What's your race at Nationals?
I won't be racing this year at Nationals. This will be the first year in a long time that I haven't lined up. Instead, I will be acting as the soigneur, mechanic and race day support for racers Jennifer Malik and former Columbus, Ohio native, now from Denver, Colorado, Josh Direen. I have been working in the pits for many riders throughout the years. In 2017, I was Jen's full-time pro MTB mechanic for Bikefettish - Paradise Garage and worked in the pits on and off for her while she rode for Granville Brewing - Stanridge Pro CX team in her first professional season along with Katsu Tanda. I have also served as a moonlight mechanic for pro riders like Yannick Eckmann, Katie Arnold, Jena Greaser, Rebecca Gross and most recently Merwin Davis.
Josh will be competing in the elite men's race for Groove Subaru Excel Sports Team.
What's your goal for this race?
Both racers are coming off of probably their best seasons they have ever had, so I know their goals are lofty, but I will let them speak for themselves as to where they would like to finish.
As any race day mechanic, your goals are to have a race where you are needed as little as possible, but we are always prepared for the worst. At the professional level mechanics are all about helping their rider get in and out of the pits as fast and efficiently as possible. We can be the difference between winning, just off the podium or even dead last. The pits at these type of races can be even more stressful than just being out on course racing, so it will definitely be a time of focus.
A lot of people ask why I take so much stuff to the pit when the rider already has a second bike and my answer is always, I would rather make one extra trip to the pit with all of the extra gear than not be prepared and be the reason my rider isn't able to do their absolute best.
My toolkit will be comprised of pretty much every major tool you would find in a bike shop that is easily transported. We generally like to take spare parts too and just do quick swaps if necessary. For instance, I will have spare shoes with cleats, pedals, saddle/seat post pre-assembled, quick links/chains, wheels with cassettes and tire pressure already set, etc..
Jen is usually supported in CX by her pro mechanic Miki Paulauskas, who Robert Marion may give a hard time, but is truly one of the best and most reliable in the business so the bar is going to be set pretty high for me.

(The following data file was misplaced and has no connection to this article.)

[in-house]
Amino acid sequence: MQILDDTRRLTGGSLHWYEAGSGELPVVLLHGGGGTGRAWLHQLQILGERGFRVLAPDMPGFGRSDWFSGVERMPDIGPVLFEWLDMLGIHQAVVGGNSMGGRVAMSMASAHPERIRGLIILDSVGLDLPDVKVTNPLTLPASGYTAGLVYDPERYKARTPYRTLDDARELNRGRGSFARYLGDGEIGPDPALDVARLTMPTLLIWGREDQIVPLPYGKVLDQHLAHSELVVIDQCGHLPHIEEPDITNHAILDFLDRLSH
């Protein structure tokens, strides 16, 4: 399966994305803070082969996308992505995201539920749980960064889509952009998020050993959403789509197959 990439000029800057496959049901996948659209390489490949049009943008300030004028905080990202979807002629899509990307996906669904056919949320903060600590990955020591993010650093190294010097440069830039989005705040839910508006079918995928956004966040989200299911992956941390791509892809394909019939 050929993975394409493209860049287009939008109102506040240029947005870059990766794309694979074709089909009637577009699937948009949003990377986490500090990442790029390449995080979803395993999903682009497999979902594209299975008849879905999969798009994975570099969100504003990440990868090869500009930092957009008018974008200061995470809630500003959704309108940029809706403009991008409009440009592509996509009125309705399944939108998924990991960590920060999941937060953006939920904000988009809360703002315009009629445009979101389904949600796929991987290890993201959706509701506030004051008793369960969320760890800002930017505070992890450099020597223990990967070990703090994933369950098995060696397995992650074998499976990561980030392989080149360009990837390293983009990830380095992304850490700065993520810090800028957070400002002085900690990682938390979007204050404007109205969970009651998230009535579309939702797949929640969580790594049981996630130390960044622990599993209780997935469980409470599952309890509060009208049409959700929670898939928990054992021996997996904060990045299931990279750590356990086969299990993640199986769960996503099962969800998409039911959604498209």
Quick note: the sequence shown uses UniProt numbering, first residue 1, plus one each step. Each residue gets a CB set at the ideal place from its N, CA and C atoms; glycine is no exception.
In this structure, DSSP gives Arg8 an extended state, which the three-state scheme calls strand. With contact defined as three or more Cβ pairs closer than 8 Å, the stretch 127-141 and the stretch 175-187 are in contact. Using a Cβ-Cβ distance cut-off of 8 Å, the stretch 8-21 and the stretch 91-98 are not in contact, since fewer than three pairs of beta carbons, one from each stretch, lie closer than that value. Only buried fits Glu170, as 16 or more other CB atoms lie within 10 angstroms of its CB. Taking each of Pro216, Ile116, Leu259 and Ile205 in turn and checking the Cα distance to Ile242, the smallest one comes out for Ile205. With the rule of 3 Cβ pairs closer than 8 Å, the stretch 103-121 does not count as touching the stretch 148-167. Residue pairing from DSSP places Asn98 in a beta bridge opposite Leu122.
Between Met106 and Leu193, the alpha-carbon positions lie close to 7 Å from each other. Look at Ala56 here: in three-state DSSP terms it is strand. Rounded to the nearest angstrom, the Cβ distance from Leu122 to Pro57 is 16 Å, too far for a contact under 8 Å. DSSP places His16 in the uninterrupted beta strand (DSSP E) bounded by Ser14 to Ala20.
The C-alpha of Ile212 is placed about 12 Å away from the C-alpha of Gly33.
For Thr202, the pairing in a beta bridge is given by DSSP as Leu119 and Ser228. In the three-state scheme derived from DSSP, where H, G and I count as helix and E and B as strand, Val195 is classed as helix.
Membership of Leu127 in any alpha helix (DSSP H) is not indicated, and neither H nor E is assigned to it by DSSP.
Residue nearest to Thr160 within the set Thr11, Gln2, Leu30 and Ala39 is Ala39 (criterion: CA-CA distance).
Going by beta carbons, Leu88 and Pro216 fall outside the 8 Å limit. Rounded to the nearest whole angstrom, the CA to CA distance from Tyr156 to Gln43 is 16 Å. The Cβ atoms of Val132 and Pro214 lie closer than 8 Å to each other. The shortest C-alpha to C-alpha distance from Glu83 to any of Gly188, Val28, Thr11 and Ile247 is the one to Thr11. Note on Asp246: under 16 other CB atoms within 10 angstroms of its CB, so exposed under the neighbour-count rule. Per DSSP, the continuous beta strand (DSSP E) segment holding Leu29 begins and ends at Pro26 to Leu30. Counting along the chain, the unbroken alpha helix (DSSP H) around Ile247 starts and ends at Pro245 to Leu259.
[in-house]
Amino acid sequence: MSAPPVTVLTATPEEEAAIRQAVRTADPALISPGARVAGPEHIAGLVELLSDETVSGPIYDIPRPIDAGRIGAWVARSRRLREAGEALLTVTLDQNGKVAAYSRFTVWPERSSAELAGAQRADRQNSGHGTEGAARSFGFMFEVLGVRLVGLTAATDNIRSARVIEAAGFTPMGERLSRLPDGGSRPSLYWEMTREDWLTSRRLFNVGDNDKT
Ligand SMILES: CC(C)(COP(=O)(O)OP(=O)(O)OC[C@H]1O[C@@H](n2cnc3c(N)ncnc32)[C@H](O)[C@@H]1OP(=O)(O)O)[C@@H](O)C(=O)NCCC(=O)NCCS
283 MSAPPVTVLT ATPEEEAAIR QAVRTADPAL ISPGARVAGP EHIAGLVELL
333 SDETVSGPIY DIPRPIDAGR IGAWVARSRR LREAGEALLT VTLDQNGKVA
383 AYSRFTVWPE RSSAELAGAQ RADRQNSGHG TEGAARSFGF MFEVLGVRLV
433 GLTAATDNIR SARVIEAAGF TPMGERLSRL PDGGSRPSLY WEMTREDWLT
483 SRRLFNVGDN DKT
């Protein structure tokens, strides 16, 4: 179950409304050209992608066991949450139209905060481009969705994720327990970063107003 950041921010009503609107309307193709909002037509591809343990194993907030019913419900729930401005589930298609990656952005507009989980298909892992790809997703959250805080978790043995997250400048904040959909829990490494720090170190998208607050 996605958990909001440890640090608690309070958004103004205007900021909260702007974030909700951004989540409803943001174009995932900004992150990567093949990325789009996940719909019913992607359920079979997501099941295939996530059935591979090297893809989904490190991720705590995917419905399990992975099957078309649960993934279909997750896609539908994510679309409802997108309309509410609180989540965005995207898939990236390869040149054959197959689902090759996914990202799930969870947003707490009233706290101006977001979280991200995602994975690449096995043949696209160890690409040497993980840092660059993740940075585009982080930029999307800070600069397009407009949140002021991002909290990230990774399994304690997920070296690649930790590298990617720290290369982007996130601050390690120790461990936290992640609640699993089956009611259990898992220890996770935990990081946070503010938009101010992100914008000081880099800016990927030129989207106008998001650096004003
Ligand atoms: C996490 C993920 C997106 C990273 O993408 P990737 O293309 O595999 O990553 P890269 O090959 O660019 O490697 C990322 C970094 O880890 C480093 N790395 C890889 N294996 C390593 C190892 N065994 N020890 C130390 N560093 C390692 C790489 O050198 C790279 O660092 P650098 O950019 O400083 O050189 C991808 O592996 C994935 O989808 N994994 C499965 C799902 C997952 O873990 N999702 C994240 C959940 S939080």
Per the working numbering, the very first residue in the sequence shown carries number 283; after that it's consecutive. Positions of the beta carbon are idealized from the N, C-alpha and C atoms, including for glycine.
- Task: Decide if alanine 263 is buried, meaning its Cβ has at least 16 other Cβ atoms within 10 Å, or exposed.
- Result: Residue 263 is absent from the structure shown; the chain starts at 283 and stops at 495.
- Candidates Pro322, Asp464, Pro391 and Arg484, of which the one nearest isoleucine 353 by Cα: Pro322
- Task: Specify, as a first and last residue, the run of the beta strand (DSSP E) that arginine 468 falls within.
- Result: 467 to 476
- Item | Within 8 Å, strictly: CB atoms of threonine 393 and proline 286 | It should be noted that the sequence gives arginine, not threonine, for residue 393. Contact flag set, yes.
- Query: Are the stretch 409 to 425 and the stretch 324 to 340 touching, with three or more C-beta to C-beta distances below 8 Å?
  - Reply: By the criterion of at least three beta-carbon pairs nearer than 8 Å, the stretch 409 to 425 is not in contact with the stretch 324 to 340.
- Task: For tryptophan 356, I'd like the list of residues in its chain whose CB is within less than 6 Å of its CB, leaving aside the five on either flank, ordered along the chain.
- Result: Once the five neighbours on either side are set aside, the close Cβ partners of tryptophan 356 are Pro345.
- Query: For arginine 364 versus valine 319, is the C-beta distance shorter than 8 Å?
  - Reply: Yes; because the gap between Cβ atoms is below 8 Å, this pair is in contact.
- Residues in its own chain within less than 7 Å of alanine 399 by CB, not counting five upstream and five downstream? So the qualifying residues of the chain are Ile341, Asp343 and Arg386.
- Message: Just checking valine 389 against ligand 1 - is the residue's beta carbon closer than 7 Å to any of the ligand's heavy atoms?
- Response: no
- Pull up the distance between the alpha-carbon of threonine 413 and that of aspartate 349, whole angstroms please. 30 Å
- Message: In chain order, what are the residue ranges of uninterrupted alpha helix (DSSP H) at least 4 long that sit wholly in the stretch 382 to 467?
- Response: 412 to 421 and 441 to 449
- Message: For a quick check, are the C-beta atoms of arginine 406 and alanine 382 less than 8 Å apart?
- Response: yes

What's your favorite memory from racing Cap City?
State Championships at Big Run Park in Columbus. As someone who has spent countless hours (most of them by myself or with my right-hand-man, super volunteer, Allen Cooper) cleaning, prepping, planting trees, clearing mulch, setting courses, etc.. It was really gratifying to see one of our best Cap City Cyclocross courses ever host the state championship.
What did you learn from racing Cap City?
Our community is strong, vibrant, and extremely welcoming to new riders, volunteers and businesses. We have had more new faces in 2017 than ever. The practice series is going strong, our race numbers are growing and the local community is hanging onto its mantra "PMA No Jerks." Heritage Cycles joined us as practice title sponsor in 2017 and is a bike shop located minutes away from Big Run Park in Grove City. Columbus Brewing Company loves giving back to the community through our race series and is our current title sponsor and Kenda, which is headquartered right here is relaunching their role in the CX community in the upcoming year. Westerville Bike shop is even back in the fold, providing neutral mechanical support in the pits. I am already looking forward to 2018!
What's your highlight of this season?
Spencer Hackett adding a new venue to the overall series. The Red Kite Coaching "Beach Party CX" was an awesome addition. We were lacking a course that featured sand since Alum Creek SP was dropped a few years ago and it looks like it is for the better. Buck Creek SP, the home of the race, has the potential to be one of our premier venues. The series has grown by leaps and bounds over the past few years. I have been to almost every major venue across the entire country and would put our top venues up against very best in the country. I don't think we can say, we don't have the necessary venues to run a premier CX series compared to the best in the country anymore. Now it is our job to get the word out and grow our local community.
Do you have any advice for new racers?
As a racer who is going to nationals or is thinking about going to nationals in the future (2018 will actually have two National Championships, because it has been moved to December and will be in Louisville, KY this cpming December) - don't put all your eggs in one basket. What I mean to say, is don't determine the success of your season based on a one-day race. Yeah, everyone wants to go out there and "win" a national championship, get on the podium or do really well. I don't mean don't target Nationals or other large races but, they are only a small part of your entire season. Rather than pin all your hopes on just one race (where anything can happen - mechanical, illness, etc..) look at the entire body of your race resume for the year and use that as a measuring stick for how the year went. If you win, podium or do well at nationals then that is just an added bonus.
As far as other advice attend the Lady Gnar Shredders CX Clinic in August and come to CX practice. You will be amazed at all of the knowledge out there and how much actually goes into having a successful season. It is more than just pedaling your bike.